I spent two hours in the museum, more or less.

Walking more through Kowloon, I bought two snacks and a drink, finally ending at the Hong Kong Museum of Art. It's a decent museum, taking me 1.5 hours at a rapid pace. (I knew I had to hurry to see it and meet Di Yin on time.) Though much of the museum didn't speak to my interests, there was one section I thought was awesome. I'll save description of that for last. :P Much of the museum is devoted to antiquities (e.g., purses, snuff bottles, headwear, things made of gold). Though often pretty, I wouldn't call this stuff art. The museum has a big section on ceramics (vases, statues, bowls, etc.), including pieces from all over China, done in all the various styles, and produced during all the different Chinese dynasties. Also, the fine art section is devoted to Chinese paintings from the 80s and 90s. I didn't like it. Another exhibit is of experimental art by HK residents. It was fine.

Another exhibit has scroll paintings (Xubaizhai Collection), all donated by one collector. I liked most of the landscape ones and, in general, liked the detailed background given about each artist. This exhibit also has a series of pretty-cool panels deconstructing the features (style and content) of a landscape scroll.

By far the best aspect of the museum was the special exhibit in traveling to Canton (Goungzhou), a province in the south of China. In particular, the exhibit pretends to be a travel guide for Canton written in the early 19th century before the opium wars. Illustrated by paintings and documents from Canton at the time, each plaque covers topics for the tourist: sites to see, safety issues, food, lodging, health, sanitation, legal concerns (e.g., foreigners were under many restrictions, though some were not regularly enforced), etc. Some plaques were snarkily written--a few were laugh-out-loud funny--but all had that kind of twinkle in the eye that the best travel guides have. I read every plaque, as it appeared so did everyone else who I saw in the exhibit. I left not only feeling educated about Canton from many angles but also with a grin on my face. If only all exhibits could be as well done as this one... I liked it more than any museum exhibit I can remember.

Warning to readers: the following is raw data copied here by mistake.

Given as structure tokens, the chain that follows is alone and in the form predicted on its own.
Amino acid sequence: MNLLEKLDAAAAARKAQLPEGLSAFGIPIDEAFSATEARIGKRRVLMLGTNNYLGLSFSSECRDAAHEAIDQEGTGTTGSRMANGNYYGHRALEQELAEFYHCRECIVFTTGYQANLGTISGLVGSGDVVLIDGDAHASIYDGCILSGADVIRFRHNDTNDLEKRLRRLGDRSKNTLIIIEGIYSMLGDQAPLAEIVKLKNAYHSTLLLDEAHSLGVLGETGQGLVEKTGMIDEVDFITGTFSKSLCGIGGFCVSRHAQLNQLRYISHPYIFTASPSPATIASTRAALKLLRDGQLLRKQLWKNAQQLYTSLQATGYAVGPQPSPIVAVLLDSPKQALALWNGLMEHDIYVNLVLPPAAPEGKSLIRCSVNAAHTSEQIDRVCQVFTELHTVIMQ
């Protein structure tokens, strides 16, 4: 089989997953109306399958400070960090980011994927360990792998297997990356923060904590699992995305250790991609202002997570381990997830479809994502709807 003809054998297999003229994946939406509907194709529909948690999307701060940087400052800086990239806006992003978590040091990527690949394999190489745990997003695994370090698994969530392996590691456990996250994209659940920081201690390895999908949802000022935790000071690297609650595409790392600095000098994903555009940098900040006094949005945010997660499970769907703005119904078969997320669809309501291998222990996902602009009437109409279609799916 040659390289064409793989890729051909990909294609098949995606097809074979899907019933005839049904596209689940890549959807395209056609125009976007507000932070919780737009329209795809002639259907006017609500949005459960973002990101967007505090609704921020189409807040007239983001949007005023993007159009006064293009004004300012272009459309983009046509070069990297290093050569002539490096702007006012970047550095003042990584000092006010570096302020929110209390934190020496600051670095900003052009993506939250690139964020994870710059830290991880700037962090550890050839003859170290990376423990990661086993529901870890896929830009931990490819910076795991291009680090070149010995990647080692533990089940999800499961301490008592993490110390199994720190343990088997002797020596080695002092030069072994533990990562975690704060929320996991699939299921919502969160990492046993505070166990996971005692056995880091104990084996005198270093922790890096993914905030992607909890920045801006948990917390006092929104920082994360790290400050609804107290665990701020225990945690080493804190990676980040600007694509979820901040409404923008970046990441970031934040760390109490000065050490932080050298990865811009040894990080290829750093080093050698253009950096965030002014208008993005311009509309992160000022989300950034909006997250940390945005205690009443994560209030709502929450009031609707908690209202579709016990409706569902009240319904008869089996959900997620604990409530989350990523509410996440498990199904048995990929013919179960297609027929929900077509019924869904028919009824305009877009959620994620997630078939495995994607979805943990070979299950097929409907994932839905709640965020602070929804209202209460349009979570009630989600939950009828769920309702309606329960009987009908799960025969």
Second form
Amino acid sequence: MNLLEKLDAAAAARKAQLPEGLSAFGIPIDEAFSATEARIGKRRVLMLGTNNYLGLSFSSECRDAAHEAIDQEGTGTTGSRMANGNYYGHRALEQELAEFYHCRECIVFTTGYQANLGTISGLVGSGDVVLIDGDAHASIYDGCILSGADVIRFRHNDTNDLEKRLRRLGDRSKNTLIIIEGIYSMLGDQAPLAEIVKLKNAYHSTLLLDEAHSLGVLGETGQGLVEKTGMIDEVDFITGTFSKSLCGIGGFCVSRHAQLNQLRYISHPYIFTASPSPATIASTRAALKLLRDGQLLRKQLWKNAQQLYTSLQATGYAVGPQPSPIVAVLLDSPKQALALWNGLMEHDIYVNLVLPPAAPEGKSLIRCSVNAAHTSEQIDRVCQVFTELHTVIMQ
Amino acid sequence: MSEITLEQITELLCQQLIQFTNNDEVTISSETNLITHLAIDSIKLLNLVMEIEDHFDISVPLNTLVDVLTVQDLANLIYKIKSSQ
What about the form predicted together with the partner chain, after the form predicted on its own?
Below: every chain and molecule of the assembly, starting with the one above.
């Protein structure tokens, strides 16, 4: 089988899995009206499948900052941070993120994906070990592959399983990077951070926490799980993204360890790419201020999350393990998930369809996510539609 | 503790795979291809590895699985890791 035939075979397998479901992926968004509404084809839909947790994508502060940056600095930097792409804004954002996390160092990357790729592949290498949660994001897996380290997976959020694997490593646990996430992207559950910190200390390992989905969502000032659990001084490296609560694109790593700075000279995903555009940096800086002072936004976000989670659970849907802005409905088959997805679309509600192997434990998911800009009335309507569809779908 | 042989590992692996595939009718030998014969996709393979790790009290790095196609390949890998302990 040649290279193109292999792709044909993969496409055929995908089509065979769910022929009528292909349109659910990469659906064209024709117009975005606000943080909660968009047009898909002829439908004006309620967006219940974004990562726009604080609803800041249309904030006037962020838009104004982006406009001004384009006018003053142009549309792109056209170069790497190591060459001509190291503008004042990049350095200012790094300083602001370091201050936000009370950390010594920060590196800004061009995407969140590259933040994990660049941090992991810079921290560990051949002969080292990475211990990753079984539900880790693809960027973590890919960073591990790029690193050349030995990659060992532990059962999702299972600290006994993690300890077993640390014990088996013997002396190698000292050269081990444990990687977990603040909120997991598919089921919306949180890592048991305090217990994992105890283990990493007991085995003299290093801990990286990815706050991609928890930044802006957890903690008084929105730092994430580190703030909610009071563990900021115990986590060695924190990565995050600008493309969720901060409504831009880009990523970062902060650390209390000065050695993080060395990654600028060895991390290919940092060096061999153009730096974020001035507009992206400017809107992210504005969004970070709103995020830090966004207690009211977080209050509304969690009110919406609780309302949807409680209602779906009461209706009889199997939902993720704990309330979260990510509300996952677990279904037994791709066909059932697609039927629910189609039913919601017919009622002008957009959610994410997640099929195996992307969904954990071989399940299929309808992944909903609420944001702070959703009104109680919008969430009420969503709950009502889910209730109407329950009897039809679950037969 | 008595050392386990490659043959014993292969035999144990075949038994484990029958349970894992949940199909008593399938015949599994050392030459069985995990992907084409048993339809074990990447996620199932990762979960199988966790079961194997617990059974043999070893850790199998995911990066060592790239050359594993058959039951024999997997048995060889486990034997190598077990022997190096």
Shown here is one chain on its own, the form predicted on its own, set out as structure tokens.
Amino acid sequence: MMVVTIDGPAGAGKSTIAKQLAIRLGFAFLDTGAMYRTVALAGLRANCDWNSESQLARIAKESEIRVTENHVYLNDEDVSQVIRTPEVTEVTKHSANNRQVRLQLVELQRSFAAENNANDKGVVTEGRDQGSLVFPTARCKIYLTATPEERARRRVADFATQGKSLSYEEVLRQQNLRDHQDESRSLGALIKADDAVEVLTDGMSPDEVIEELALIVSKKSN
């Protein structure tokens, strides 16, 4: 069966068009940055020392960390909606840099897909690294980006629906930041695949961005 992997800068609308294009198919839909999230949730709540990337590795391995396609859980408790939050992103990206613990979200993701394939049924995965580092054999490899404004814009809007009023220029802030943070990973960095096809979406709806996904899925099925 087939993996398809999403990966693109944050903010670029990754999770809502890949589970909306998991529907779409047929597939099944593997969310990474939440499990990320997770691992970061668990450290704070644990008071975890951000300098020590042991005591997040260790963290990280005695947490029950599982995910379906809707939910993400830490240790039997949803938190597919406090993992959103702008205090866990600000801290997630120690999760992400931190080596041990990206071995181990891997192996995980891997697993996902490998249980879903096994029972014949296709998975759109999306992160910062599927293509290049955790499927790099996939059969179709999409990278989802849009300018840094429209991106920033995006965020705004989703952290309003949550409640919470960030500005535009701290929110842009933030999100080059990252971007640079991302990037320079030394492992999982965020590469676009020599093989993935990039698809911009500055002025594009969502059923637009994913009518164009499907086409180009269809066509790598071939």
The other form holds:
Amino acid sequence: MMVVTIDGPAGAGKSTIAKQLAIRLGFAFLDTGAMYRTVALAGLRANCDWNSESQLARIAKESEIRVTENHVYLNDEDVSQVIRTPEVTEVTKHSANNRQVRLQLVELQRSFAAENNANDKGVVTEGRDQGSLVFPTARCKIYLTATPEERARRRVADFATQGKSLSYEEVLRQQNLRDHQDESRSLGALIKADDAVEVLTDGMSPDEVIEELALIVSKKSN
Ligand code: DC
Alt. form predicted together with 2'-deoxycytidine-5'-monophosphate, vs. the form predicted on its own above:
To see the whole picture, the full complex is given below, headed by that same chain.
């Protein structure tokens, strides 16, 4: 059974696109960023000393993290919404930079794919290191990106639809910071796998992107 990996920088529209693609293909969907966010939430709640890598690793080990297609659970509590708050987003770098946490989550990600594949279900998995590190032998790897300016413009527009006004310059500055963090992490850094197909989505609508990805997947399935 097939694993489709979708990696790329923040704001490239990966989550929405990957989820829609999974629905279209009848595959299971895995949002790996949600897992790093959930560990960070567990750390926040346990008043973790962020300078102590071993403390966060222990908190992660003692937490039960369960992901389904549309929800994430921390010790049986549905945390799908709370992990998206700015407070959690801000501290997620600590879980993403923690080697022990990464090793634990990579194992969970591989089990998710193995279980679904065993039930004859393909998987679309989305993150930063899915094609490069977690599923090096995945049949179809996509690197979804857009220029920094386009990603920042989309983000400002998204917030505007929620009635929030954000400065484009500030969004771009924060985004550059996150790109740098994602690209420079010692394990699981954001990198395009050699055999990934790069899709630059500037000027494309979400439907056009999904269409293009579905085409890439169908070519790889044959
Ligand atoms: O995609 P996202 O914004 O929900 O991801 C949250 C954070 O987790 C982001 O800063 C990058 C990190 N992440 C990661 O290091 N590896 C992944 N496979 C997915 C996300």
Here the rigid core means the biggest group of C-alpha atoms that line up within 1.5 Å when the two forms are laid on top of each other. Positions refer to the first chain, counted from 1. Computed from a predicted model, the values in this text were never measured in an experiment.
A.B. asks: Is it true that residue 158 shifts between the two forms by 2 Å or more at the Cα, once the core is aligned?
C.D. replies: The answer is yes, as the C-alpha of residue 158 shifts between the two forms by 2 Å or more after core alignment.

From the museum, I walked rapidly down the Avenue of Stars and back to my hotel, where I met up with Di Yin. After a little discussion and showing her the restaurants on Kimberley Terrace, we decided on a nearby Cantonese restaurant, Kimberley Restaurant, that's highly rated on Hong Kong's version of yelp. We were nervous because the restaurant is inside a hotel and because it was empty, but we shouldn't have been--it was the best meal I had in HK this trip.

After dinner, we walked to the Temple Street night market and browsed half of it. Its stalls sell a variety of goods: trinkets, small statues, clothes, undergarments, bags, sunglasses, basic electronics such as shavers and adaptors, Chinese new years goodies, knickknacks, key chains, early PRC kitsch, ... lots of stuff. For food, some hole-in-the-wall joints expanded with tables into the streets; such places are called dai pai dong. The first dai pai dong we passed had food that looked good, especially a prawn omelette that Di Yin and I caught each other eying. We sat down for a final dinner course.

After exploring the market a bit more, we hiked back to my hotel, picked up my luggage, walked to the metro, took it into Hong Kong island (my first and only metro ride on this trip), and headed to the family friend of Di Yin's where we were to stay the night.

Hong Kong: Friday: Central (business) District

On Friday, I decided to explore "Central", a district on Hong Kong Island. As the region's main business district, I figured a weekday would be a good time to explore it. I took a bunch of pictures this day and also recorded (by hand after the fact) a google map showing my walking/ferry route.

I was out of my hotel by 9am after switching rooms. The hotel also upgraded my room this day (as on the previous day), this time to a premium floor (which was a smaller room than the suite but nevertheless supposedly larger than room I'd reserved).

It was overcast, as it would remain for the whole trip.

I grabbed breakfast at the directly named "Relax for a While".

After breakfast, I walked straight to the ferry terminal to go to Hong Kong Island. Although the neighborhood, Kowloon, near my hotel on the peninsula has many tourist sites, I ignored them this day, deciding instead to explore it on Saturday and exploring the business district on this day, when it would be busy and active. On the way to the ferry, I walked down Nathan Road, passing many electronics and jewelry stores, and passing many well-dressed Indians promoting tailors or watch sellers. Hmm. I then walked down the nice waterfront promenade, passing signs promoting the Shanghai Expo :), until I reached the ferry terminal.